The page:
The School Funding Bill Passed and the Result is…
CPS Got Bailed Out and We Made Promises We Can’t Keep
I Voted NO – Here’s Why

State Rep. Jeanne Ives
In typical Illinois fashion, Mike Madigan and Mayor Rahm Emanuel got everything they wanted in the new school funding bill – and more.  Madigan got more dollars for the unions, he got the pretense of ending the long debate over education equity funding (this bill won’t end the debate), and most importantly he got to use suburban tax money to bail out CPS. To highlight the bail out, I present these two statements coming out of Chicago leadership: 

From DNAInfo August 24, 2017 – “Mayor Rahm Emanuel said Thursday evening that a bipartisan agreement reached by state lawmakers to fund Illinois' schools would give the Chicago Public Schools everything — "and more"”

From CapFax August 28, 2017 – “School board President Frank Clark said on Monday that Chicago Public Schools may see as much as $450 million from a pending state accord on education funding, about $150 million more than the district had anticipated.”

On top of that Madigan got all the political theater he is known for.  There were three separate votes, the first was a test vote and virtue signal to the unions by Democrat members.  Then, came the fake veto override vote on SB1 to show the unions they would have to settle for the other bill.  And then after more drama, the compromise bill came back on reconsideration and passed.  House members knew before the votes were taken what would pass and what wouldn’t – leadership worked their roll calls and structured their votes – because that’s the way it always happens when taxpayers are about to get their pocket picked and the policy can’t stand on its own.
Today State Representative Jeanne Ives called for an investigation by the Illinois Department of Revenue (IDOR) of all 102 counties to determine their compliance with state property tax assessment and valuation laws.  

Her request was made amidst an ongoing debate over how more than $6.7 billion in state tax dollars will be distributed to K-12 schools.  Community property wealth is the predominant variable used to determine how much money each school receives from Springfield. Poorer districts get more, wealthier districts get less.

Property valuations are conducted by Illinois townships and counties and governed by state statute to ensure all taxpayers are treated uniformly and fairly.
LISLE – State Representatives Jeanne Ives (R-Wheaton) and Grant Wehrli (R-Naperville) along with State Senator Michael Connelly (R-Naperville) will host a Town Hall Meeting on the status of the controversial education funding reform bill, Senate Bill 1, and what is at stake for local taxpayers and school districts at 9:30am on Saturday, August 12 at Benedictine University’s Goodwin Business Building's Hall of Leaders (4th Floor), located at 5700 College Road in Lisle.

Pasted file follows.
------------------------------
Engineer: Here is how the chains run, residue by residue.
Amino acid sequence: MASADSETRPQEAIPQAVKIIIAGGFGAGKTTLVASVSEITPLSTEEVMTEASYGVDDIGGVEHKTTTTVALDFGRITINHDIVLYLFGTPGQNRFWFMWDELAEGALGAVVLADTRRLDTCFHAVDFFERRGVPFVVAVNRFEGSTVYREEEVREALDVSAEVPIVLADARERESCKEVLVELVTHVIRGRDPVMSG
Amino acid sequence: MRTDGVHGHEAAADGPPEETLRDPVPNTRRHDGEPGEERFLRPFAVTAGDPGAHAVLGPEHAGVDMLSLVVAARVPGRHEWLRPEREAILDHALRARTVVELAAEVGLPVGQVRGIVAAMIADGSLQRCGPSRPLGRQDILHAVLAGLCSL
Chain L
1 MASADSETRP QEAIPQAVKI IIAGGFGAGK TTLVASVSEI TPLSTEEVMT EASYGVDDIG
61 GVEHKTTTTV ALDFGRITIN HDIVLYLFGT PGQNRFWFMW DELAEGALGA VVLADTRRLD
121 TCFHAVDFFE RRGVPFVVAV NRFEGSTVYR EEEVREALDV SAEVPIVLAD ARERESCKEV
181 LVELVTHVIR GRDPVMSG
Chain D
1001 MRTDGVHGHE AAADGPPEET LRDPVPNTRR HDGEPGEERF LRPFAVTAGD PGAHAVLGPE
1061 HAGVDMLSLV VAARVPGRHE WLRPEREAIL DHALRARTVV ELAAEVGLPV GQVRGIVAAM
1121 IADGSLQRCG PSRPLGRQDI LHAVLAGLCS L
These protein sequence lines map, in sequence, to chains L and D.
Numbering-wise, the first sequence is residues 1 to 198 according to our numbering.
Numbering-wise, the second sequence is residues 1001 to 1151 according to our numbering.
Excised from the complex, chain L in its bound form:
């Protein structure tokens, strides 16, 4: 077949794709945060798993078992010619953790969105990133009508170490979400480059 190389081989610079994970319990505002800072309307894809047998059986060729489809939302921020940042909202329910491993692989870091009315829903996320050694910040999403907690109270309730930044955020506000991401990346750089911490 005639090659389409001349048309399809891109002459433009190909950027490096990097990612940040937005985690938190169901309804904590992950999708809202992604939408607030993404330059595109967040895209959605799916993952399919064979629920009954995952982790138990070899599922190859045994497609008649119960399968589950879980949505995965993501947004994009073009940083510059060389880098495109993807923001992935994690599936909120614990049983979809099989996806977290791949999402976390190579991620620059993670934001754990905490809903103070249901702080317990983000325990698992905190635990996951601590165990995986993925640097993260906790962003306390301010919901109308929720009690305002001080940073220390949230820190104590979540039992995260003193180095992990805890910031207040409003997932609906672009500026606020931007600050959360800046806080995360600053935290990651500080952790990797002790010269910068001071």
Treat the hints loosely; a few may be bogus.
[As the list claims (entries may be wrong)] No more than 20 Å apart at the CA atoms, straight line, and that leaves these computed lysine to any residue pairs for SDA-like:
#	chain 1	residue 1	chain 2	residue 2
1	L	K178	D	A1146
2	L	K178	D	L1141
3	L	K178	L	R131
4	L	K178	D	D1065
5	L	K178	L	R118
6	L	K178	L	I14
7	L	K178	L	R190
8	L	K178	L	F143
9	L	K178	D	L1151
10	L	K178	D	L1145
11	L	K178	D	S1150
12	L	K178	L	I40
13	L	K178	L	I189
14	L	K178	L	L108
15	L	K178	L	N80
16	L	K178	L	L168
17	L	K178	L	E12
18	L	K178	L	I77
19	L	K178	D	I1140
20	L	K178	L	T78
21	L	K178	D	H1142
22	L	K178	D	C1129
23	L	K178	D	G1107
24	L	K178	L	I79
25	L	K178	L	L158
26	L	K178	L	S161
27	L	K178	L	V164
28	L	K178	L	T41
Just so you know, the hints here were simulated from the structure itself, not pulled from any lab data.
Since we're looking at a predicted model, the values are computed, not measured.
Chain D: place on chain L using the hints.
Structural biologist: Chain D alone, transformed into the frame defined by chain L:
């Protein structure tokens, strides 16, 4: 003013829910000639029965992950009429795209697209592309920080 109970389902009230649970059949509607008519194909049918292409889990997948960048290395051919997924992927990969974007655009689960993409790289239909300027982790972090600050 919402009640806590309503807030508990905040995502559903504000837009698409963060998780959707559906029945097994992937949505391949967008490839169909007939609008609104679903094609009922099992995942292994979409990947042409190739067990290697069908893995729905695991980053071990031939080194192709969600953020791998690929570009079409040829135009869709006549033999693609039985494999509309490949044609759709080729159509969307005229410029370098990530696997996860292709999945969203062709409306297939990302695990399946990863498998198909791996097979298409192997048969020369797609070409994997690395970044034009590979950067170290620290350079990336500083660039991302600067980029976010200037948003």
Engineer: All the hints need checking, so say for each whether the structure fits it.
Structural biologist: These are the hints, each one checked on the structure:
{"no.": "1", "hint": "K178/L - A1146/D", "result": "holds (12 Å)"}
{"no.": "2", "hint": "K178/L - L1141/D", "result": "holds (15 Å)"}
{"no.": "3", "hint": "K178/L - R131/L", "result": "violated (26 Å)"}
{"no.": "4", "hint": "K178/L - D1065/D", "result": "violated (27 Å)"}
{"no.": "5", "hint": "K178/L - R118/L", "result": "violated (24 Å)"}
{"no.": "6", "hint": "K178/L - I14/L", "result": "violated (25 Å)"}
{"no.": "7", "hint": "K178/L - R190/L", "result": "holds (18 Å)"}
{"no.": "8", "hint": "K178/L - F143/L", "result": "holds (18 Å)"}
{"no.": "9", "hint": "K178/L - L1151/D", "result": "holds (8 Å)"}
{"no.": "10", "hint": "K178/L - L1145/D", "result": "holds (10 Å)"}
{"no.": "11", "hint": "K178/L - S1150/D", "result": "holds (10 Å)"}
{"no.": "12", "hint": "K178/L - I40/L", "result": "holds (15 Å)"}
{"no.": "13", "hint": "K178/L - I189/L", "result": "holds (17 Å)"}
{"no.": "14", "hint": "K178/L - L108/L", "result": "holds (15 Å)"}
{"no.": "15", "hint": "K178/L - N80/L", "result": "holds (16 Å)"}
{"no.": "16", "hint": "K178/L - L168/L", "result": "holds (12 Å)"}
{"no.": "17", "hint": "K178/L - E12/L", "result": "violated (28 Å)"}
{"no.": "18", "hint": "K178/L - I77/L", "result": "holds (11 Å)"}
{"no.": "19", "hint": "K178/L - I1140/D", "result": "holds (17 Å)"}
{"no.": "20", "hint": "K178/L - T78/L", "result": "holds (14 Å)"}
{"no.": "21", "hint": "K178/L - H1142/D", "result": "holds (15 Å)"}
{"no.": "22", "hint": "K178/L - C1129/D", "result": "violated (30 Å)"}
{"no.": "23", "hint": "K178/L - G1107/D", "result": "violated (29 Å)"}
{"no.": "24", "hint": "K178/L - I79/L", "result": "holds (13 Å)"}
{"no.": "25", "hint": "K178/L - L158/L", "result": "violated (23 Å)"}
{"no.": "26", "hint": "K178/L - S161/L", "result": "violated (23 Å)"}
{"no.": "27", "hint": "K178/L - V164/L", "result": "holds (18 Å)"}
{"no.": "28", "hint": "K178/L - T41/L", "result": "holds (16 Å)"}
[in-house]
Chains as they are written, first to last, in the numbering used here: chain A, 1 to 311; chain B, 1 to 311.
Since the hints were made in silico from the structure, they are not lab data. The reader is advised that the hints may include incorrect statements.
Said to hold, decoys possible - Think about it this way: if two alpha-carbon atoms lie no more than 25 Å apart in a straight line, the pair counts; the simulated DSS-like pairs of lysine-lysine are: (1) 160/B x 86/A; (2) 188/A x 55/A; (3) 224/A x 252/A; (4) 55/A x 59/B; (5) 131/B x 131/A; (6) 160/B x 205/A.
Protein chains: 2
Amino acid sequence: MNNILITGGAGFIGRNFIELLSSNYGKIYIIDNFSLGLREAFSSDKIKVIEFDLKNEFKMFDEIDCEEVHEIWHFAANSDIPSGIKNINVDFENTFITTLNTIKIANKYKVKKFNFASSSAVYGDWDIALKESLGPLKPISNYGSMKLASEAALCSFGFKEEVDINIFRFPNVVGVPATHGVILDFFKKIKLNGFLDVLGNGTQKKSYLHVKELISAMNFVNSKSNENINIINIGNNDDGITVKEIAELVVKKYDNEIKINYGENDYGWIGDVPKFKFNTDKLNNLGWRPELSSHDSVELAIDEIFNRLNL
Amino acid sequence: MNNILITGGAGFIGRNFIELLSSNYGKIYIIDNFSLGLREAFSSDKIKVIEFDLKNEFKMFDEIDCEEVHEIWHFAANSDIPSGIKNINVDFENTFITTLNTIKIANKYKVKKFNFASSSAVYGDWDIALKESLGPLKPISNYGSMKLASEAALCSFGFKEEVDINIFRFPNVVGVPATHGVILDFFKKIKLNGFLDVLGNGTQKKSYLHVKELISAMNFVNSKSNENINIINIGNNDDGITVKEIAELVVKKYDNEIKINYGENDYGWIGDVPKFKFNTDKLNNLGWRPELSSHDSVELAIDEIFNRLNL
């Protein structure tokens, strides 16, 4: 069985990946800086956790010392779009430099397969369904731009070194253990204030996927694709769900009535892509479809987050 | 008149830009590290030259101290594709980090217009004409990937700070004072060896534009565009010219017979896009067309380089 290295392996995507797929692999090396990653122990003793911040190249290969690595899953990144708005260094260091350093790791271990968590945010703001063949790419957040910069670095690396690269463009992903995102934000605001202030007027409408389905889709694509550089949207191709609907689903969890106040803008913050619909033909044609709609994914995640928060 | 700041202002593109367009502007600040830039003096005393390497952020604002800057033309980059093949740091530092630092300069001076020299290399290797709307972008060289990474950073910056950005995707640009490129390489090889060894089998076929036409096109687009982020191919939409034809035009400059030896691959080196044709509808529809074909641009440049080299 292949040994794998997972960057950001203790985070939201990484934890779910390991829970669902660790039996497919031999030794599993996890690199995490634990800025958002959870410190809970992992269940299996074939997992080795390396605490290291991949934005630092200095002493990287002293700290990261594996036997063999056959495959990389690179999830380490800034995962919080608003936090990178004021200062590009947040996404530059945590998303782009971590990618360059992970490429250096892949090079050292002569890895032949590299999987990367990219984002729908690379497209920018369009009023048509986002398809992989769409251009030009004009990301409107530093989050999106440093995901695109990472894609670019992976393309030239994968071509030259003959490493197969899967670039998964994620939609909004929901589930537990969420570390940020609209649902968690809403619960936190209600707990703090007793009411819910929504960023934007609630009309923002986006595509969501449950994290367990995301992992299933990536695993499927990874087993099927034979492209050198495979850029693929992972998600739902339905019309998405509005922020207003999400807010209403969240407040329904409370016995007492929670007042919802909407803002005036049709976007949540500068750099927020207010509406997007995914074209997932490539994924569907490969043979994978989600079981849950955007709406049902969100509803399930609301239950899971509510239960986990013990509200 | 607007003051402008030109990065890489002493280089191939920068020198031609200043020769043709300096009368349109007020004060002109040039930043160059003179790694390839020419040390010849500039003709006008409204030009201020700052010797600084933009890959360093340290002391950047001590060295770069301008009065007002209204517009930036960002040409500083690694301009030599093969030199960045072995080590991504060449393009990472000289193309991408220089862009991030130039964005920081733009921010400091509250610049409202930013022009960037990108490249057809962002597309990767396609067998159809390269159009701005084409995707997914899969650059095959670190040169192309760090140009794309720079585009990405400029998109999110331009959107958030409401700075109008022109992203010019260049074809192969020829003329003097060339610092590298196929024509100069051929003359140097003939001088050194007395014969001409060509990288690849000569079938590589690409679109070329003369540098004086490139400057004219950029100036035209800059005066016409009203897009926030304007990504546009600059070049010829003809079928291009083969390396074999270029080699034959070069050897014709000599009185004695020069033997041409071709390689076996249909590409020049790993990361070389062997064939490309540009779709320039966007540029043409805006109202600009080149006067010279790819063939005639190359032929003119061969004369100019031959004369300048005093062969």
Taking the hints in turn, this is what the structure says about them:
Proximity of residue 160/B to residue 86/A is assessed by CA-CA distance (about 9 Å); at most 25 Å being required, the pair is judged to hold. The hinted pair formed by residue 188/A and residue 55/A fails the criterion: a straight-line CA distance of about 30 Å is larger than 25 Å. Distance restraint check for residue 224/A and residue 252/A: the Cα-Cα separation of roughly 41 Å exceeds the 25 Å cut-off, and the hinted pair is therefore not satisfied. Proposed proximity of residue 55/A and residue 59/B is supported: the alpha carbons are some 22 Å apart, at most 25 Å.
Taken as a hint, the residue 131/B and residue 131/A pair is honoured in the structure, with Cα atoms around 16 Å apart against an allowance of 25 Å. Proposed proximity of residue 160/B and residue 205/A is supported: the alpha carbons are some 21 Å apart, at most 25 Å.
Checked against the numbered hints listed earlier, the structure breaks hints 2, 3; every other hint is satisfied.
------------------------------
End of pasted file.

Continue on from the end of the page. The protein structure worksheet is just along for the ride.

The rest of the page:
The Illinois General Assembly is expected to return to session in Springfield as early as August 14 to deliberate upon the Governor’s partial veto of Senate Bill 1.

“Senate Bill 1 is not about improving education and outcomes in Chicago, or any school in Illinois for that matter,” Representative Ives said. “It is a bailout for CPS’ pension debt. The new money for CPS under Senate Bill 1 would go to service their pensions and debt, NOT into the classroom. It is clear to everyone that CPS has been grossly mismanaged for decades, and now they want Illinois taxpayers to foot the bill. DuPage County families and taxpayers need to know how this impacts them and have their voice heard in this process.” 
Those of us here in Illinois are expected to have a phenomenal view of the solar eclipse that will take place on August 21! Don’t miss this opportunity to view one of nature’s most spectacular occurrences with your family and friends.  

Here’s the roundup of everything you need to know about the solar eclipse and how to view it safely:

Chicago Tribune “Proximity to total solar eclipse prompts flurry of events in Chicago area”

WLS AM 890 News “Illinois health experts warn of unsafe solar eclipse viewing”

Chicago Magazine “Should You Go to Southern Illinois to See the Total Solar Eclipse?”

Also, the Illinois Optometric Association has provided a few tips for safe viewing:

·         Get centered and enjoy the view. Within the path of totality, you can safely witness the two or more minutes when the moon completely covers the sun with the naked eye. Otherwise, your eyes should always be protected by verified viewing tools. Never look directly at the sun without eye protection, even briefly. Visit eclipse.aas.org to access eclipse duration charts.

·         Know your duration. Outside the path of totality, always use solar filters. The only safe way to look directly at the uneclipsed or partially eclipsed sun is through special-purpose solar filters or other ISO-certified filters, such as “eclipse glasses” or handheld solar viewers.

·         Be aware of harmful solar exposure. If you stare at the sun without protection, you may experience damage to your retina (the tissue at the back of your eye) called “solar retinopathy.” This damage can occur without any sensation of pain, since the retina does not have pain receptors. The injury can be temporary or permanent. Visit your local doctor of optometry immediately if an accident occurs.

·         Visit your doctor of optometry. Check in with your optometrist for information about safely viewing the eclipse. If you experience any problems with your eyes or vision after the eclipse, an optometrist will be able to provide you with the medical care you need.

You can access additional information and educational materials on the solar eclipse by visiting aoa.org/2017eclipse.